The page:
Joshua 10:12-14 says this, At that time Joshua spoke to the Lord in the day when the Lord gave the Amorites over to the sons of Israel, and he said in the sight of Israel, “Sun, stand still at Gibeon, and moon, in the Valley of Aijalon.” And the sun stood still, and the moon stopped, until the nation took vengeance on their enemies. Is this not written in the Book of Jashar? The sun stopped in the midst of heaven and did not hurry to set for about a whole day. There has been no day like it before or since, when the Lord heeded the voice of a man, for the Lord fought for Israel. Here, then, is the issue. Can you believe this to be true or have you accepted the lie that says only that which we can reason is true? Can you accept this as simply the true Word of God or do you have to wrestle with how can it be reasonably explained?
The whole of the Bible is about Jesus; it is about the bread and wine from heaven. From Genesis 1:1 to Revelation 22:21 it is all about one thing, Jesus and the salvation He gives. Thus, once we dismiss a specific passage or text as not being true or relevant, we accept a lie in its place and the end result is that the teaching of Jesus is hard. The teaching of Jesus doesn’t fit with our accepted perception of Him. It challenges us to see Him in a different light. Thus, like the Jews, we can find ourselves even as good Lutherans asking the question, “How can this man give us his flesh to eat?”
So Jesus said to them, “Truly, truly, I say to you, unless you eat the flesh of the Son of Man and drink his blood, you have no life in you. Whoever feeds on my flesh and drinks my blood has eternal life, and I will raise him up on the last day. For my flesh is true food, and my blood is true drink. Whoever feeds on my flesh and drinks my blood abides in me, and I in him. As the living Father sent me, and I live because of the Father, so whoever feeds on me, he also will live because of me. This is the bread that came down from heaven, not as the fathers ate and died. Whoever feeds on this bread will live forever.” (John 6:53-58) What Jesus says here is true but it is not comprehended through human reasoning. It is only grasped through the power of the Holy Spirit. With the Holy Spirit it makes sense. But without it one might as well read it or hear it in Swedish.
When many of his disciples heard it, they said, “This is a hard saying; who can listen to it?” But Jesus, knowing in himself that his disciples were grumbling about this, said to them, “Do you take offense at this? Then what if you were to see the Son of Man ascending to where he was before? It is the Spirit who gives life; the flesh is of no avail. The words that I have spoken to you are spirit and life. But there are some of you who do not believe.” (For Jesus knew from the beginning who those were who did not believe, and who it was who would betray him.) And he said, “This is why I told you that no one can come to me unless it is granted him by the Father.” (John 6:60-65) My conversation with John is just beginning. I do not know where it will go next. But I have this one thing that I do know; I can pray for the Holy Spirit to do His work in opening John’s eyes and ears to understand. I know that my prayers will not guarantee that John will not reject the words of Jesus. But I do know that without the working of the Holy Spirit the only thing that will be understood is the lies that he has already embraced.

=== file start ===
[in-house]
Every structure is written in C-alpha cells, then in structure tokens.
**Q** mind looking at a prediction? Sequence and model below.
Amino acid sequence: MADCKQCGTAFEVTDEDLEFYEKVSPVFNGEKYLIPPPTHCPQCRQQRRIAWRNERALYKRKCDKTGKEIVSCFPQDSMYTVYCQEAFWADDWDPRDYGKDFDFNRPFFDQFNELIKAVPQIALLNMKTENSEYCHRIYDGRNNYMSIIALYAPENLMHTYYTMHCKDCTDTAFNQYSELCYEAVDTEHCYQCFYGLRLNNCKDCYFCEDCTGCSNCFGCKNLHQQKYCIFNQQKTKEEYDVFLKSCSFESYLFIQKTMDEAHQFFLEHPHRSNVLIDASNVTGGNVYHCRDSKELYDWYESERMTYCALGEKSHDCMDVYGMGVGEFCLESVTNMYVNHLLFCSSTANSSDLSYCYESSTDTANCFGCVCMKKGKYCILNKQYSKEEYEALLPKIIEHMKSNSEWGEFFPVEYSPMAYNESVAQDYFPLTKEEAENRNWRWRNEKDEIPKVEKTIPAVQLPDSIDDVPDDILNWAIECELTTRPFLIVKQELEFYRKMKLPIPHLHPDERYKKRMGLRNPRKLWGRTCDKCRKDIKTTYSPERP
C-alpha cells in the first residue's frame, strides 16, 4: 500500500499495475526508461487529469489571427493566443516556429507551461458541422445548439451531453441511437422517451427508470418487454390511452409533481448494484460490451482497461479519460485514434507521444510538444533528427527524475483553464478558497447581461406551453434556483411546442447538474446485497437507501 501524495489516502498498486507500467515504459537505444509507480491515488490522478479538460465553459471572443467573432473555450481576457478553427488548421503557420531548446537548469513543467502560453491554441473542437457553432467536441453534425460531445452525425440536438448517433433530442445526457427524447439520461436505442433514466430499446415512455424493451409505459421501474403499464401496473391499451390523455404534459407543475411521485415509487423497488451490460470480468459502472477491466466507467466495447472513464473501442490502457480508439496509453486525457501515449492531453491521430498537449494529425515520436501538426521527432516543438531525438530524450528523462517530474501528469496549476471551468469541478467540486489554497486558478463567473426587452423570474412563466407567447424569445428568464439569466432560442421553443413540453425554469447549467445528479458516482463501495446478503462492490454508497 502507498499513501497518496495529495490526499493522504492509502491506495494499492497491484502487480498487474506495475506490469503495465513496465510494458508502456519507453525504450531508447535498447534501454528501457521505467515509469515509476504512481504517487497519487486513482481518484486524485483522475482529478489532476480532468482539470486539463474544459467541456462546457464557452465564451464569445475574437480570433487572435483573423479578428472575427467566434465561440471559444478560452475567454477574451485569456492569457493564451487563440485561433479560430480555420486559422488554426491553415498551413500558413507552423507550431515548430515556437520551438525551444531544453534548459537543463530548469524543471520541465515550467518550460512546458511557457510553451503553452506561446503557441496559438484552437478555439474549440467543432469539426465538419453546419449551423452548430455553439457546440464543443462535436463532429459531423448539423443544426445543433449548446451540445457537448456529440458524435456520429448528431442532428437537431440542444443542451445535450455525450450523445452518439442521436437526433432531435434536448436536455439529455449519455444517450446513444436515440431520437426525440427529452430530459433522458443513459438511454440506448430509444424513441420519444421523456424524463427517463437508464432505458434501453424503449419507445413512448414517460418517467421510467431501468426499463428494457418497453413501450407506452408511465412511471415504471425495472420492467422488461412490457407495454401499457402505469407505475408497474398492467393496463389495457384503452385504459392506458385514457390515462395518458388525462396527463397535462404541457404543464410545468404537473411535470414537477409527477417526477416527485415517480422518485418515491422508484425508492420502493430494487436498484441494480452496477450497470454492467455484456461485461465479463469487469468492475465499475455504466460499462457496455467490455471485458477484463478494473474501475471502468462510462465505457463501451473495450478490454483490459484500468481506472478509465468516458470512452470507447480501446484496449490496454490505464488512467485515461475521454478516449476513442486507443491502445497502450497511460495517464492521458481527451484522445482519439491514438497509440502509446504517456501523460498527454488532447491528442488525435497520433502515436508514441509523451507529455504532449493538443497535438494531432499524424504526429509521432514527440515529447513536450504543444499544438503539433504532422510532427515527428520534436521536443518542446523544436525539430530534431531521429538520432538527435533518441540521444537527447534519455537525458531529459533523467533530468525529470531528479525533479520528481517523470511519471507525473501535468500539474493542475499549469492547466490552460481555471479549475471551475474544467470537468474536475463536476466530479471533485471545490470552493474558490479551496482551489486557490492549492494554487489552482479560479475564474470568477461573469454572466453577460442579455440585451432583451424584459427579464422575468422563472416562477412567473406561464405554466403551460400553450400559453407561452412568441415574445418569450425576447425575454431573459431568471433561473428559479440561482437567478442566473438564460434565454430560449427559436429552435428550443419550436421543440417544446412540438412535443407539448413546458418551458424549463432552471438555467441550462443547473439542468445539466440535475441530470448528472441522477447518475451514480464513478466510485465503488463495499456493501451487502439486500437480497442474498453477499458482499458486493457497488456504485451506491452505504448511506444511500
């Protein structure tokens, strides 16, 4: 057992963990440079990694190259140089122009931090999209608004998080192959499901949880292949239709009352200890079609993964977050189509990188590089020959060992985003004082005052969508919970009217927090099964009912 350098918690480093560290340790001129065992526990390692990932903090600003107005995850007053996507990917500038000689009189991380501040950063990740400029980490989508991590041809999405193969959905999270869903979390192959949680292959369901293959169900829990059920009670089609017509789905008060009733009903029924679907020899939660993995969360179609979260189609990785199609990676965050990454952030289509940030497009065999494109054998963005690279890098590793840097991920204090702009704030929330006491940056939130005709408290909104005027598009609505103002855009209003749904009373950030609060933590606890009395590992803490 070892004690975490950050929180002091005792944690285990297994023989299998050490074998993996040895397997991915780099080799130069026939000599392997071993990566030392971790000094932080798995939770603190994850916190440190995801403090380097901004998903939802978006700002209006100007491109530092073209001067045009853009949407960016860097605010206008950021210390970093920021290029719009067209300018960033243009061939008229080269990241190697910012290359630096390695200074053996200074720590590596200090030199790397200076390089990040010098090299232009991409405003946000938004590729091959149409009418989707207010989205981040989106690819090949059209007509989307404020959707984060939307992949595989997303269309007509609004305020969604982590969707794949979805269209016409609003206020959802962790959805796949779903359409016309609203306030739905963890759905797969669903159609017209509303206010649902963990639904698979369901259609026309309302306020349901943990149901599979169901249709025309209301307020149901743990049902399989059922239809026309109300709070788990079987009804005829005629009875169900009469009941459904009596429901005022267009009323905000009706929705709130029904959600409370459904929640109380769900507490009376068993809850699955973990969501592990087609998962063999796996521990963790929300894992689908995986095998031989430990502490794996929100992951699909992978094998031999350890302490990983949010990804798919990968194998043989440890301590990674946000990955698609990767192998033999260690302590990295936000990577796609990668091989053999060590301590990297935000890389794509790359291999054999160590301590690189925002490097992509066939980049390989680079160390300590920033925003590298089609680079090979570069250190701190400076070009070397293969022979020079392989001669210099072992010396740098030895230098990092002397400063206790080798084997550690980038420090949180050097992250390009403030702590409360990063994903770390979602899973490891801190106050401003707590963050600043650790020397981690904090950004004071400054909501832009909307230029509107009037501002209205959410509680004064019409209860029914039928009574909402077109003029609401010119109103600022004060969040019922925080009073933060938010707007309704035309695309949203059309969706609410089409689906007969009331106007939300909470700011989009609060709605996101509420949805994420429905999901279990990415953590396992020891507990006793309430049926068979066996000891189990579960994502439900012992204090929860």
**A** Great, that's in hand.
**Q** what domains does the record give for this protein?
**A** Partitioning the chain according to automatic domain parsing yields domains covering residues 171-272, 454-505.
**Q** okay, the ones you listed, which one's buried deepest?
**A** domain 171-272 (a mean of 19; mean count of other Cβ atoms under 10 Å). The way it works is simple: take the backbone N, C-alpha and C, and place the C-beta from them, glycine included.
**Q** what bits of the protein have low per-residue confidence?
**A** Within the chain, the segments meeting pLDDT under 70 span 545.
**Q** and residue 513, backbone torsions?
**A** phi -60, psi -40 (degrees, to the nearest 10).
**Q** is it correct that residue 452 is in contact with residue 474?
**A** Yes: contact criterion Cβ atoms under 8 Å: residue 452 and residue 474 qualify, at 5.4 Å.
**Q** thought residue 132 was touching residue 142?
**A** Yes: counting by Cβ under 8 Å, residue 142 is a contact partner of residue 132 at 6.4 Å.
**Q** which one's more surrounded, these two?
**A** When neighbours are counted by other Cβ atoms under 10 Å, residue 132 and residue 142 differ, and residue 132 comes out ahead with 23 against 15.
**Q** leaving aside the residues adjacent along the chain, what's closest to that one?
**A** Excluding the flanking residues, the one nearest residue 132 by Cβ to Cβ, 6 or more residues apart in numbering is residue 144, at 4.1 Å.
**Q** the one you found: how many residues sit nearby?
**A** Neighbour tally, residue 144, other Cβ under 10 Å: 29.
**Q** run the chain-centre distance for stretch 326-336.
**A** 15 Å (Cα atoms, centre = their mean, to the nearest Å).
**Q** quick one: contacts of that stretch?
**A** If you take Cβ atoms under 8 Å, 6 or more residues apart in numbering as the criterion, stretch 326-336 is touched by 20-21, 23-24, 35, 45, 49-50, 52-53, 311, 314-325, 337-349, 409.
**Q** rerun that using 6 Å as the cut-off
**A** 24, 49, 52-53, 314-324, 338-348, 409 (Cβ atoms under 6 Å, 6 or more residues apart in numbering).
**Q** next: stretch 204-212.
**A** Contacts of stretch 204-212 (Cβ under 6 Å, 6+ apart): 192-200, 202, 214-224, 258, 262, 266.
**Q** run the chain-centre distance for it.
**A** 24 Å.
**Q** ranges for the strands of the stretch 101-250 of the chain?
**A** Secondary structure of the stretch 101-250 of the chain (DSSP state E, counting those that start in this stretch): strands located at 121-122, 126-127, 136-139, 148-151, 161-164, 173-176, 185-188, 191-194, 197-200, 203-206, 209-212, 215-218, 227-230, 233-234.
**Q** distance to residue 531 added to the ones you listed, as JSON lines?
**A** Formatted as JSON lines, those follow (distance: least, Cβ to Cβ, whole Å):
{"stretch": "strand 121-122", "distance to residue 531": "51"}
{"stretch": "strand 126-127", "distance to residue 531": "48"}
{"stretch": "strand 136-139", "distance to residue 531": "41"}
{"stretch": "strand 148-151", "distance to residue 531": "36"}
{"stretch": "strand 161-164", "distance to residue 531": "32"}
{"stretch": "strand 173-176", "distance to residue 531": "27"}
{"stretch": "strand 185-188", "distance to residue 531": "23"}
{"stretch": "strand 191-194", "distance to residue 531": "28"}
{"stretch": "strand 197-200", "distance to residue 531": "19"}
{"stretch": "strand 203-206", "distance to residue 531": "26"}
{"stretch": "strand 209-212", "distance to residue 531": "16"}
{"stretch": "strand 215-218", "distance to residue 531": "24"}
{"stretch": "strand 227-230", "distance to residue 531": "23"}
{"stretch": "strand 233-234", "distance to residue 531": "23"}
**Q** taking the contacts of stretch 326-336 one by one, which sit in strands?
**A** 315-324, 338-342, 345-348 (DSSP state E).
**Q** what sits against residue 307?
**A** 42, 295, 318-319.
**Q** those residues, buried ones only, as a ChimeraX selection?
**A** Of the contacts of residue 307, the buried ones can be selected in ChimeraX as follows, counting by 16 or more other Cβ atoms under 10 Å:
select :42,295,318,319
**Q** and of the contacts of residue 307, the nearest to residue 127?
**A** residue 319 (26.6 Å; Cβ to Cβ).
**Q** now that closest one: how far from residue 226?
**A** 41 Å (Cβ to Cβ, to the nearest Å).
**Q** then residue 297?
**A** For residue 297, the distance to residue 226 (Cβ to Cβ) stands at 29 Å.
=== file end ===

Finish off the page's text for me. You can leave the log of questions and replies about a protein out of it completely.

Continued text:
We have been given the task to make disciples of all nations. As the Church, we are called to proclaim the truth of Jesus Christ and Him crucified and risen again for the forgiveness of sin. As we proclaim Jesus we cannot avoid this truth about the eating of His flesh and the drinking of His blood. It may be a hard teaching. We may want to ask why we need to teach it at all. We may even find it easier to just turn back and no longer walk with Jesus. But the truth remains that Jesus is the bread that came down from heaven and His flesh is true food and His blood is true drink.
So Jesus said to the Twelve, “Do you want to go away as well?” Simon Peter answered him, “Lord, to whom shall we go? You have the words of eternal life, and we have believed, and have come to know, that you are the Holy One of God.” (John 6:67-69) The question is now put before you. “Do you want to go away as well?” Peter recognized that Jesus’ teaching was the words of eternal life. In time, however, he came to see that Jesus was in fact the Word of eternal life. Thus, the Word is here for you. Eternal life is here, physically present, for you. Here set before you is the very Word of life, the very flesh of Jesus to eat and the very blood of Jesus to drink and it is true food and true drink. Do not turn away but come, come and eat and drink the very Word of eternal life given and shed for you. Amen.